Tuesday, 16 September 2008

Tip: Read all lines from a file (the most common OCaml newbie question?)

Is this the most common OCaml beginners question? It comes up every few weeks on the OCaml beginners list, and I have tried to answer it before.

It seems that everyone who learns OCaml comes away with the impression that functional programming is the New Cool Thing, and imperative programming is Bad and Must Be Avoided.

I'm going to say it now: programming fashions are stupid and counterproductive. The only things that matter are that your program is short, easy to write, easy to maintain and works correctly. How you achieve this has nothing to do with programming fads.

Reading all lines from a file is an imperative problem, and the shortest solution (easy to write, easy to maintain and correct1) uses a while loop, in OCaml or any other language:
let lines = ref [] in
let chan = open_in filename in
try
while true; do
lines := input_line chan :: !lines
done; []
with End_of_file ->
close_in chan;
List.rev !lines
Actually, no, I'm lying. The best solution is this:
Std.input_list chan
which is supplied by extlib. Don't bother to duplicate functions which are already provided in commonly available libraries.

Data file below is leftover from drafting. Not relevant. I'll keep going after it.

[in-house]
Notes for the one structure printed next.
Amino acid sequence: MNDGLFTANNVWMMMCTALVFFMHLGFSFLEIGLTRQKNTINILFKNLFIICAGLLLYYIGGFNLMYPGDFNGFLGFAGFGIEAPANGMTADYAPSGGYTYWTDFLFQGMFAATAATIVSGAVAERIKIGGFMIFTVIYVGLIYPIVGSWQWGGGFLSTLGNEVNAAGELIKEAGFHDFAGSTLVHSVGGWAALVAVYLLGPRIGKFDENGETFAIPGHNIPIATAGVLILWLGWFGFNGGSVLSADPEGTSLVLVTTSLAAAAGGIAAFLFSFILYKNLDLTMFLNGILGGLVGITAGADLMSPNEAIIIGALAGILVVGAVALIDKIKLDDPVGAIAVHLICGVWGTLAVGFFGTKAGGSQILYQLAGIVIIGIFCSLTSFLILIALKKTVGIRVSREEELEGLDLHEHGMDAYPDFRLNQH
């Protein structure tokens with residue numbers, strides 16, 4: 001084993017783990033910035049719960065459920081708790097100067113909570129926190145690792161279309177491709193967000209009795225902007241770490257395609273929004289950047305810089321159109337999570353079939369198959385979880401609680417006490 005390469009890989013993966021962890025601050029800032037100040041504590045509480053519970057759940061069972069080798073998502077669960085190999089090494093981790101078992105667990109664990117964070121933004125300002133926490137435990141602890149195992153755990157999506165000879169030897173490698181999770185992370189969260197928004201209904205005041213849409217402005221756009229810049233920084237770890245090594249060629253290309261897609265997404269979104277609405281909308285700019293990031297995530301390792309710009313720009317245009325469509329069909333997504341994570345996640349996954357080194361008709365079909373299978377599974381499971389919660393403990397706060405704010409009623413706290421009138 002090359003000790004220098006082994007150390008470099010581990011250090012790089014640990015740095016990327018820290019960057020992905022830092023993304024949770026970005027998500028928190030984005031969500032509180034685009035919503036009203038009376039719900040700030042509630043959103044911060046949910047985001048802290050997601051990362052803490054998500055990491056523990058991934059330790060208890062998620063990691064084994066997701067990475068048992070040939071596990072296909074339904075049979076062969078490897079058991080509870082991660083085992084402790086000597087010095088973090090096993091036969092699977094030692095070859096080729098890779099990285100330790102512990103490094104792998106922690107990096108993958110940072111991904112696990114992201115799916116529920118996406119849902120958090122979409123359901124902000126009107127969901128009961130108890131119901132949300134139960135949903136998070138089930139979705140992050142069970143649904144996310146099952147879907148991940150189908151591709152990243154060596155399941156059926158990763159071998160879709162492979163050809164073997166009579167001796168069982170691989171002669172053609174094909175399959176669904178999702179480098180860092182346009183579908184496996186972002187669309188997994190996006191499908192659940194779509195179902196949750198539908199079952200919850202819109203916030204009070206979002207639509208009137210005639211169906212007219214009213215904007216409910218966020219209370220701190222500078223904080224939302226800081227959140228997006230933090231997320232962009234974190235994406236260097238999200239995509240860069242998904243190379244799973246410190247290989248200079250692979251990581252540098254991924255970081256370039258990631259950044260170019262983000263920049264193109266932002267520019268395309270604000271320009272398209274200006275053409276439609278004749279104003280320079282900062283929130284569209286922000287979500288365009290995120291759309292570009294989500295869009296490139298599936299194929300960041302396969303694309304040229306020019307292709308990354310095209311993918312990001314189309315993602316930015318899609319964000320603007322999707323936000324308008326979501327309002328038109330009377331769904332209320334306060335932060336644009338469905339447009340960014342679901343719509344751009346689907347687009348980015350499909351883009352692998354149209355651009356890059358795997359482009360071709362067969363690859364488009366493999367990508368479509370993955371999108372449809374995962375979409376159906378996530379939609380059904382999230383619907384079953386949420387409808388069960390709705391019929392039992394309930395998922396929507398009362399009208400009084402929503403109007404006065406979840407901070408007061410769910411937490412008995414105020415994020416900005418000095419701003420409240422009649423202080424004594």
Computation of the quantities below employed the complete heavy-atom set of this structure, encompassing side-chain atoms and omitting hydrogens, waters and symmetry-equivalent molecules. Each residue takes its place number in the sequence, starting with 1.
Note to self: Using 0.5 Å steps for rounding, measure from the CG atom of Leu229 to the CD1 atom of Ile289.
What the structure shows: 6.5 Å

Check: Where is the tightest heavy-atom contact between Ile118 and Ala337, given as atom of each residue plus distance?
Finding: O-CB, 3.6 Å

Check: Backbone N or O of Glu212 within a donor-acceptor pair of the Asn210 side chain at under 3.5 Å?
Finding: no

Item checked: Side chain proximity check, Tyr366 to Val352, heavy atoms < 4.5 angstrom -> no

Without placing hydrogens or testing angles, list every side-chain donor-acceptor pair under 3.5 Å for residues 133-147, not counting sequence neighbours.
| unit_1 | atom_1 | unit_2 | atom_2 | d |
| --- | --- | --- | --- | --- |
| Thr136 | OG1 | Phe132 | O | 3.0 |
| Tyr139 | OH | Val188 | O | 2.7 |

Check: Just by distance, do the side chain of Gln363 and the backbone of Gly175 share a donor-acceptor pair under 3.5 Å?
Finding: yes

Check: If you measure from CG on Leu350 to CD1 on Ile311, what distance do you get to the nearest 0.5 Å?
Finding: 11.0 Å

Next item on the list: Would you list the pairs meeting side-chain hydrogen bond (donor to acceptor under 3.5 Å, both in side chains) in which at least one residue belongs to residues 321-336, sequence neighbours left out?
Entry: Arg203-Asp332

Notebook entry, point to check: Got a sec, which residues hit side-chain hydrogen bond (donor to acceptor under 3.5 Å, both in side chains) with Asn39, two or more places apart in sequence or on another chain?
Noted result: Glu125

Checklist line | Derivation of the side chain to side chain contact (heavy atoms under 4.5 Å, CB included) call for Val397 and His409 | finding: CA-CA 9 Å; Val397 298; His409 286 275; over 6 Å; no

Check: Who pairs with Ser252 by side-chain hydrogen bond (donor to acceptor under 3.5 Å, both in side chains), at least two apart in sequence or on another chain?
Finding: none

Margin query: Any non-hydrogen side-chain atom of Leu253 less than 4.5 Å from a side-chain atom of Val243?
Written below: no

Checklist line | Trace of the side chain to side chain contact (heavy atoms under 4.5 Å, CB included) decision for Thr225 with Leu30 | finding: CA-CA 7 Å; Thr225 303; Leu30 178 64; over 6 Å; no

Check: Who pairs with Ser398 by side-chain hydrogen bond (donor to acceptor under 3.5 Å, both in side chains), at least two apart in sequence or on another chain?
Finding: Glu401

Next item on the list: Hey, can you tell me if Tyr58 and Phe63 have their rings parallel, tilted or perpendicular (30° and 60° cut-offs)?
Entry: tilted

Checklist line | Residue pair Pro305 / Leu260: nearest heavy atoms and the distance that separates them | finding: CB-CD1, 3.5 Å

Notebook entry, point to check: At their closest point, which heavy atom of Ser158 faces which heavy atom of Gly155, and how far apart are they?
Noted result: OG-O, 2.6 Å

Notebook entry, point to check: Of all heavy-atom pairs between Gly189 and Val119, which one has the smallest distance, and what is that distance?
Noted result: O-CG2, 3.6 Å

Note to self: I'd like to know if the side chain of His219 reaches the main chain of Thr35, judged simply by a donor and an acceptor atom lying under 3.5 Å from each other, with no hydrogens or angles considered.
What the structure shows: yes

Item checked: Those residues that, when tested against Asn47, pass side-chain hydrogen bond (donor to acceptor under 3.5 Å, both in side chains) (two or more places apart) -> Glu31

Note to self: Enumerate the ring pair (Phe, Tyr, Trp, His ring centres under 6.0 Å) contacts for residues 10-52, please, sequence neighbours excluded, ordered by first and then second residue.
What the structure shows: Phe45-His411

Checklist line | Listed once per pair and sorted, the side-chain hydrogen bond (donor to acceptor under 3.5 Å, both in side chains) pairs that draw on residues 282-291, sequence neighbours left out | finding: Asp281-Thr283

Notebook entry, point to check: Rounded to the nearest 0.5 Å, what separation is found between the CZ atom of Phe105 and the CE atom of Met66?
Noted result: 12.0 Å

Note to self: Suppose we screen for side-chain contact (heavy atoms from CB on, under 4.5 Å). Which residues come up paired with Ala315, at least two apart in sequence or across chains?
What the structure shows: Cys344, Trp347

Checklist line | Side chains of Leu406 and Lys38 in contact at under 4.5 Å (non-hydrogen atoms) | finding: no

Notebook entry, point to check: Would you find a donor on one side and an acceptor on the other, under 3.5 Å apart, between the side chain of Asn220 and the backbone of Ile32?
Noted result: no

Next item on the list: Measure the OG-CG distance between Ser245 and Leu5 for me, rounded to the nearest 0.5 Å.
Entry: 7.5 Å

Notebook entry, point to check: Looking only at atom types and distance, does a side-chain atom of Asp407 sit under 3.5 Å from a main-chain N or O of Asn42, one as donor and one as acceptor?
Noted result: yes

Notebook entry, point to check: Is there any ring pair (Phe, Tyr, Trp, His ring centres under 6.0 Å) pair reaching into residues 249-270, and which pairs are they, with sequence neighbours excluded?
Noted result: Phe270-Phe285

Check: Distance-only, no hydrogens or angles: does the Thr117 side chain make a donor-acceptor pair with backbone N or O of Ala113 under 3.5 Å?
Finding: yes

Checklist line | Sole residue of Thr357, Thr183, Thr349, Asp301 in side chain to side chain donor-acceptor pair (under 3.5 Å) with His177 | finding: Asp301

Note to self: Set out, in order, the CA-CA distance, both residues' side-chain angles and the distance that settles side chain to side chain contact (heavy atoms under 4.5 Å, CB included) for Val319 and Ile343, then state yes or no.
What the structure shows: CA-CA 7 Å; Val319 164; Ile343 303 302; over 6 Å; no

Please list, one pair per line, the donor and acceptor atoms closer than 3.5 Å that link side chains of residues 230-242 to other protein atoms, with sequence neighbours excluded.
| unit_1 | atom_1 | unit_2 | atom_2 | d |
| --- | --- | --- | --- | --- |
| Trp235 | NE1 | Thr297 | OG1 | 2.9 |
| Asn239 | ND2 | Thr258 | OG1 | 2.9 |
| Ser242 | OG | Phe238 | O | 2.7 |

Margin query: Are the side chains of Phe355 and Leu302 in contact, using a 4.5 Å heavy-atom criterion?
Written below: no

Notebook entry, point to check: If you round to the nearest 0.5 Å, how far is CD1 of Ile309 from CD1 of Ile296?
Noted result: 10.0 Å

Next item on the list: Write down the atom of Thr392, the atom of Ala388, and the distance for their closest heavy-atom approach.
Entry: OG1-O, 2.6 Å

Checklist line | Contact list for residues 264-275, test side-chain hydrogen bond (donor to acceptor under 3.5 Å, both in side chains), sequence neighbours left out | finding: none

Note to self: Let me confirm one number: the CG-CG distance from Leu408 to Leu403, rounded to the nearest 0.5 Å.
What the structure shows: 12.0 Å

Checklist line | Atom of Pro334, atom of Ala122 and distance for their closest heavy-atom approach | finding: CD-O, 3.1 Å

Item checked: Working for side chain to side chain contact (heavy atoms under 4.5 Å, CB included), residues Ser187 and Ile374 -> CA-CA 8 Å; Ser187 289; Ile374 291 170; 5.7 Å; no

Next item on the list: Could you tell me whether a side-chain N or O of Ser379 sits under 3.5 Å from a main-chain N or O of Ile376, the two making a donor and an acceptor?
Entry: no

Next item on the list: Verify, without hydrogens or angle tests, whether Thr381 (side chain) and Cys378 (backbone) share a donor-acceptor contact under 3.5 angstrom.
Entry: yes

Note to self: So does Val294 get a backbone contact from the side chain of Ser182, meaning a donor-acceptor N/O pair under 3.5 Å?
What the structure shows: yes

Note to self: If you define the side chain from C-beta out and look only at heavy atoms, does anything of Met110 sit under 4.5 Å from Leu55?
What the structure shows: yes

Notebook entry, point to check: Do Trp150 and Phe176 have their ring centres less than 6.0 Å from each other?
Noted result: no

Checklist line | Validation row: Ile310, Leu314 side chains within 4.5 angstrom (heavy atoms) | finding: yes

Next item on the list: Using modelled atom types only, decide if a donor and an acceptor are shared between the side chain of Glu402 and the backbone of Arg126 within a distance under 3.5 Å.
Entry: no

1This is only strictly speaking correct if you handle clean-up if input_line throws some read error (exception). In the common case where you just exit the program, leaving the channel open is perfectly acceptable.

5 comments:

ivazqueznet said...

Actually, Python uses a for loop:

f = open('file.txt')
for line in f:
  dosomethingwith(line)
f.close()

Or you can use f.readlines() if you're feeling wild and woolly.

call said...

>I'm going to say it now: programming fashions are stupid and counterproductive. The only things that matter are that your program is short, easy to write, easy to maintain and works correctly. How you achieve this has nothing to do with programming fads.
Wisest thing I've heard(read) in a while :-)
Thank you for this meaningful post [^_^]

yoric said...

Actually, with the patch which I hope makes its way to ExtLib, the Python extract becomes

open Enum
open IO
open File

with_file_in "file.txt" (fun f ->
iter (fun line ->
dosomething line
) (lines_of f)
)

The extract will also take care of closing the file at the end and/or in case of exception.

ivazqueznet said...

Oh sure, if you want to go that way...

from __future__ import with_statement

with open('file.txt') as f:
  for line in f:
    dosomethingwith(line)

yoric said...

Let's keep playing :)

With the same patch.

open Enum
open IO
open File

with_file_in "file.txt" (
lines_of |- iter do_something
)

or, if you prefer

with_file_in "file.txt" (
iter do_something -| lines_of
)

or, if you prefer

lines_of |- iter do_something |>
with_file_in "file.txt"

Although I grant you that this concision comes at the expense of readability, something which the Python version manages to avoid.

Of course, I can cheat a little further and use a nice little syntax extension of mine and end up with

with file_in "file.txt" as f
for line in lines_of f
do_something line

Which somehow reminds me of the Python version :)